under the ice and are usually distinguished by colour. 

These rings are defined by their diameters as the four-foot, eight-foot and 12-foot rings. 

The rings are merely a visual aid for aiming and judging which stone is closer to the centre; 

they do not affect scoring but a stone must at least touch the outer ring or it does not score.


Each house is centered on the intersection of the center line, drawn lengthwise down the center of the sheet and one of the tee lines, drawn 16 feet (4.9 m) from, and parallel to, each backboard. 

These lines divide the houses into quarters.

The centre of each house, at the intersection of the centre line and the tee line, is known as the button


Two hog lines, are drawn 37 feet (11 m) from, and parallel to, each backboard.

The hacks are fixed 12 feet behind each button; a hack gives the thrower something to push against when making the throw. On indoor rinks, there are usually two fixed hacks, rubber-lined holes, one on each side of the centre line, with the inside edge no more than 3 inches (76 mm) from the centre line and the front edge on the hack line. A single moveable hack may also be used.


A curling sheet, with dimensions – CL: Centreline • HOL: Hogline • TL: Teeline • BL: Backline • HA: Hackline with Hacks • FGZ: Free Guard Zone


The ice may be natural but is usually frozen by a refrigeration plant.

 Most curling clubs have an ice maker whose main job is to care for the ice. It is common for each sheet of ice to have multiple sensors embedded in order to monitor surface temperature.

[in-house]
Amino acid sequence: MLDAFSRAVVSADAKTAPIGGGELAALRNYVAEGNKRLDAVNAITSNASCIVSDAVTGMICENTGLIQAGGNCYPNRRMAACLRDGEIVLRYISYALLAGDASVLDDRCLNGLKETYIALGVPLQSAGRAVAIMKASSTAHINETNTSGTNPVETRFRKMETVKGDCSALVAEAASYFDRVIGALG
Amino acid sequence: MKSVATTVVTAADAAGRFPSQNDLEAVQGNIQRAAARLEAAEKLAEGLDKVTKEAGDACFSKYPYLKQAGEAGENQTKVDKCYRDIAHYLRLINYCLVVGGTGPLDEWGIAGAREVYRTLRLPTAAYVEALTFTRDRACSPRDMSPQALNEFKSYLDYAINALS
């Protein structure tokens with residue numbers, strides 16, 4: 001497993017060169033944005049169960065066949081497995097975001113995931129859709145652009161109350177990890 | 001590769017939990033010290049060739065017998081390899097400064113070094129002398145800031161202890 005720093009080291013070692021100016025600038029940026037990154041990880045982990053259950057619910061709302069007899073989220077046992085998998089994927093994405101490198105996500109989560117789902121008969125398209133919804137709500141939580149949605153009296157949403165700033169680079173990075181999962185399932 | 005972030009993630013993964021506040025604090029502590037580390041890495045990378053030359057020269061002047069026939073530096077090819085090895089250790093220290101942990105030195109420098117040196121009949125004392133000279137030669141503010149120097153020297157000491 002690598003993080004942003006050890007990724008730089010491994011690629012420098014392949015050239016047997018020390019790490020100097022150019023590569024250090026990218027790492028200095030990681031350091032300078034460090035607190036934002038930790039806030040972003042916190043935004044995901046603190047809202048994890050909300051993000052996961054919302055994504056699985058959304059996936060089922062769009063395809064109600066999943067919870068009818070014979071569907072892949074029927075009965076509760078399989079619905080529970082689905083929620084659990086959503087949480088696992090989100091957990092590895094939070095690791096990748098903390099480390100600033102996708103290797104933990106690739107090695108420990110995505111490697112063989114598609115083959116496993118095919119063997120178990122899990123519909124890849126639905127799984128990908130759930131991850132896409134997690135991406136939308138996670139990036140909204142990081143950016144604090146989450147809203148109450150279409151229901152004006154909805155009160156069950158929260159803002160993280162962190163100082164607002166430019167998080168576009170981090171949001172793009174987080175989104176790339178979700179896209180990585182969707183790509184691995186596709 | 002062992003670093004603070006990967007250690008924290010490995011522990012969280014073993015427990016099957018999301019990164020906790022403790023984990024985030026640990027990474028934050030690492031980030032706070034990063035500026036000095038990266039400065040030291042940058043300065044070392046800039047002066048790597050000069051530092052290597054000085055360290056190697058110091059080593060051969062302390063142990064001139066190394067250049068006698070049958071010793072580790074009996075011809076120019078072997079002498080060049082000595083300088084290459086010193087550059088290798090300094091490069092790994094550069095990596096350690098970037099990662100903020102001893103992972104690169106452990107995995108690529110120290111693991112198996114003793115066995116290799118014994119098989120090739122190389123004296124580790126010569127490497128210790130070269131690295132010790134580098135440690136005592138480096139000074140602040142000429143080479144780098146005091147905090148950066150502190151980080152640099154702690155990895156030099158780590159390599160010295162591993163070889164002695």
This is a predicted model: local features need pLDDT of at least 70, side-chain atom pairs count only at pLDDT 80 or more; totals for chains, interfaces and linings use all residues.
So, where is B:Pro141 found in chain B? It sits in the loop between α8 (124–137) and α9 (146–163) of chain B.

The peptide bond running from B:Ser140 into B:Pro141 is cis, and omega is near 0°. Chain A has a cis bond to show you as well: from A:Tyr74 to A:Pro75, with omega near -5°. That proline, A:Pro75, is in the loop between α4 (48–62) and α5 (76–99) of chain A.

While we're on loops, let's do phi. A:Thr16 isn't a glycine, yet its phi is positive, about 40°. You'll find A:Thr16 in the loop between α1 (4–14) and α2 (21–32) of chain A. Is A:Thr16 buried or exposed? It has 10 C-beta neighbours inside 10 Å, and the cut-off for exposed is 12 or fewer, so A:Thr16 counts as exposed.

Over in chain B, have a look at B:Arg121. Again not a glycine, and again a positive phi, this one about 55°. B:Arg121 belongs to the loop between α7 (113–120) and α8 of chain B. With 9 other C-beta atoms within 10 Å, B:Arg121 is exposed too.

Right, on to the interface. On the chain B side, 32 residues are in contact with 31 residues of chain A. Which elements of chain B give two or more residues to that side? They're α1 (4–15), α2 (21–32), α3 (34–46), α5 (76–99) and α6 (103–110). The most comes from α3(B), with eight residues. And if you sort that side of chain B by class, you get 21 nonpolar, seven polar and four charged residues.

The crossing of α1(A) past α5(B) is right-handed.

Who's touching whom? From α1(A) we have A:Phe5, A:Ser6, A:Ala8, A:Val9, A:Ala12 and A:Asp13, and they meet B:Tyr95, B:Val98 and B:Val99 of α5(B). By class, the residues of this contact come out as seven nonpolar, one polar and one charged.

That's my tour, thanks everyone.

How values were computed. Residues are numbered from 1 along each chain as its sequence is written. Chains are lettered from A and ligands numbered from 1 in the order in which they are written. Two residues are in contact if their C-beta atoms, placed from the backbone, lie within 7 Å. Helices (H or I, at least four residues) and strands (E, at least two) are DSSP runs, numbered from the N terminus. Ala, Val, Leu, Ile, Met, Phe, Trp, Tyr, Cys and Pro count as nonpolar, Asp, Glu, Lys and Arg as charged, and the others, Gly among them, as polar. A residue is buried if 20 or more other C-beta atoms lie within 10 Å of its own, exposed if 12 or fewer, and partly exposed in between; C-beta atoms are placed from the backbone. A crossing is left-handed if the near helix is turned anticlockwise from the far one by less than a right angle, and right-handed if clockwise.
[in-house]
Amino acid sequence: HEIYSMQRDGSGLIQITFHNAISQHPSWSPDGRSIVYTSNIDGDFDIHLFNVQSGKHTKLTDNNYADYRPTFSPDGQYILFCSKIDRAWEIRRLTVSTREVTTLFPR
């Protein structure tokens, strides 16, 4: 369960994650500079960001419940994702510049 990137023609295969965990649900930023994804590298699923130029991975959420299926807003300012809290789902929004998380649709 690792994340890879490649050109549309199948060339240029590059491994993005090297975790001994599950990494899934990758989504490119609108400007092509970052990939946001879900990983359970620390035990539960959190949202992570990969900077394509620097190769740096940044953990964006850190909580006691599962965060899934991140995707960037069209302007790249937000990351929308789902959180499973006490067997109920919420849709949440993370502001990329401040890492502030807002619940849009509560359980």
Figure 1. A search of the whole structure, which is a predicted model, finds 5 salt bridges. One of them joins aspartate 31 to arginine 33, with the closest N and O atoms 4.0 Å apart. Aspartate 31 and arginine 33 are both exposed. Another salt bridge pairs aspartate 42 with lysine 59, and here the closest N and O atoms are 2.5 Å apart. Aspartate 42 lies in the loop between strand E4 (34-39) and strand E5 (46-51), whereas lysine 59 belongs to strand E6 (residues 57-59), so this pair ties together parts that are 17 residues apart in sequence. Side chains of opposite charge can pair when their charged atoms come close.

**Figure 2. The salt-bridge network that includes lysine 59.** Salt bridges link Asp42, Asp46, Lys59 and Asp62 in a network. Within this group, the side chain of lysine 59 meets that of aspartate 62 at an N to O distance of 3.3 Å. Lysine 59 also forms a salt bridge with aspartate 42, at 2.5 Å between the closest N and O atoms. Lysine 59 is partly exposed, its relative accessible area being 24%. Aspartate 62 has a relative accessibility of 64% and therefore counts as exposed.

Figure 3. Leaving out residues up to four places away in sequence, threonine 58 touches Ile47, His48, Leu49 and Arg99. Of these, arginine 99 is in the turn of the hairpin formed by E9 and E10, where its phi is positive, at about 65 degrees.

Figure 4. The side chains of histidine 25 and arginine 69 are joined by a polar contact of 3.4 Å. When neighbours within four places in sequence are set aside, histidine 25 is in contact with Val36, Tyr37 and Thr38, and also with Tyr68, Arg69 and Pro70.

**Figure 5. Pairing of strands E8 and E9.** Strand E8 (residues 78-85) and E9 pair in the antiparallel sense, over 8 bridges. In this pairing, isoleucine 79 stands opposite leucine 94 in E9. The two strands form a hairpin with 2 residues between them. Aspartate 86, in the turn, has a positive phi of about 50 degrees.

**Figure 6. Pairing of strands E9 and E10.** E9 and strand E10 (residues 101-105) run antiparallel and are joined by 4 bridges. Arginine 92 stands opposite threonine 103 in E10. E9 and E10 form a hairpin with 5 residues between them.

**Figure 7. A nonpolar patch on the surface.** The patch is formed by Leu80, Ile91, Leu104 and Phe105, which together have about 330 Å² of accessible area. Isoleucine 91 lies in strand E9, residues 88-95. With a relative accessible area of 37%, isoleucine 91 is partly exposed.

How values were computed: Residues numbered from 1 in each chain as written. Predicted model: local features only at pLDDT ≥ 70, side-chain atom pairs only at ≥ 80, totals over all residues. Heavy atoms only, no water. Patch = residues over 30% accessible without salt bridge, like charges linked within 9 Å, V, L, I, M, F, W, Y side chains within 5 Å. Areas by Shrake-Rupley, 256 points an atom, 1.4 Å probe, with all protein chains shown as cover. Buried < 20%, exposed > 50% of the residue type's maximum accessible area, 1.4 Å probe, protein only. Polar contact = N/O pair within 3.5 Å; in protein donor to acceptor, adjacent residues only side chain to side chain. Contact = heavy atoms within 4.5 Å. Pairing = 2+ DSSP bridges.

The delivery is the 

process of sliding a stone down the sheet.

The skip, or the captain of the team, will usually determine the various tactics to be used such as

taking-out, blocking or tapping another stone.

  • The weight of the stone is its velocity, which depends on the leg drive of the delivery rather than the arm.
  • The turn, handle, or curl is the rotation of the stone, which gives it a curved trajectory.
  • The line is the direction of the throw ignoring the effect of the turn.
This has gotten already too complex for me, but with my notes on the computer screen, maybe
I’ll understand.
The thrower throws from the hack. 
Another player, usually the skip, is stationed behind the button 
to determine the tactics, weightturn and line
and the other two may sweep in front of the stone to influence the trajectory.
The stone must be released before its front edge crosses the near hog line 
and it must clear the far hog line or else be removed from play (hogged).
The “eye on the hog” sensor in the stone will indicate whether the stone has been legally thrown or not.
The lights on the stone handle will either light up green, indicating that the stone has been legally thrown, or red.
The last rock in an end is called the “hammer.”

The winner is the team having the highest number of accumulated points at the completion of ten ends


Points are scored at the conclusion of each of these ends as follows

  • when each team has thrown its eight stones, 
  • the team with the stone closest to the button wins that end; 
  • the winning team is then awarded one point for each of its own 

                       stones lying closer to the button than the opponent’s  

  • Only stones that are in the house are considered in the scoring. 
  • A stone is in the house if it lies within the 12-foot (3.7 m) zone 
  • or any portion of its edge lies over the edge of the ring. 

Since the bottom of the stone is rounded

a stone just barely in the house will not have any actual contact with the ring, 

which will pass under the rounded edge of the stone, but it still counts. 

This type of stone is known as a biter.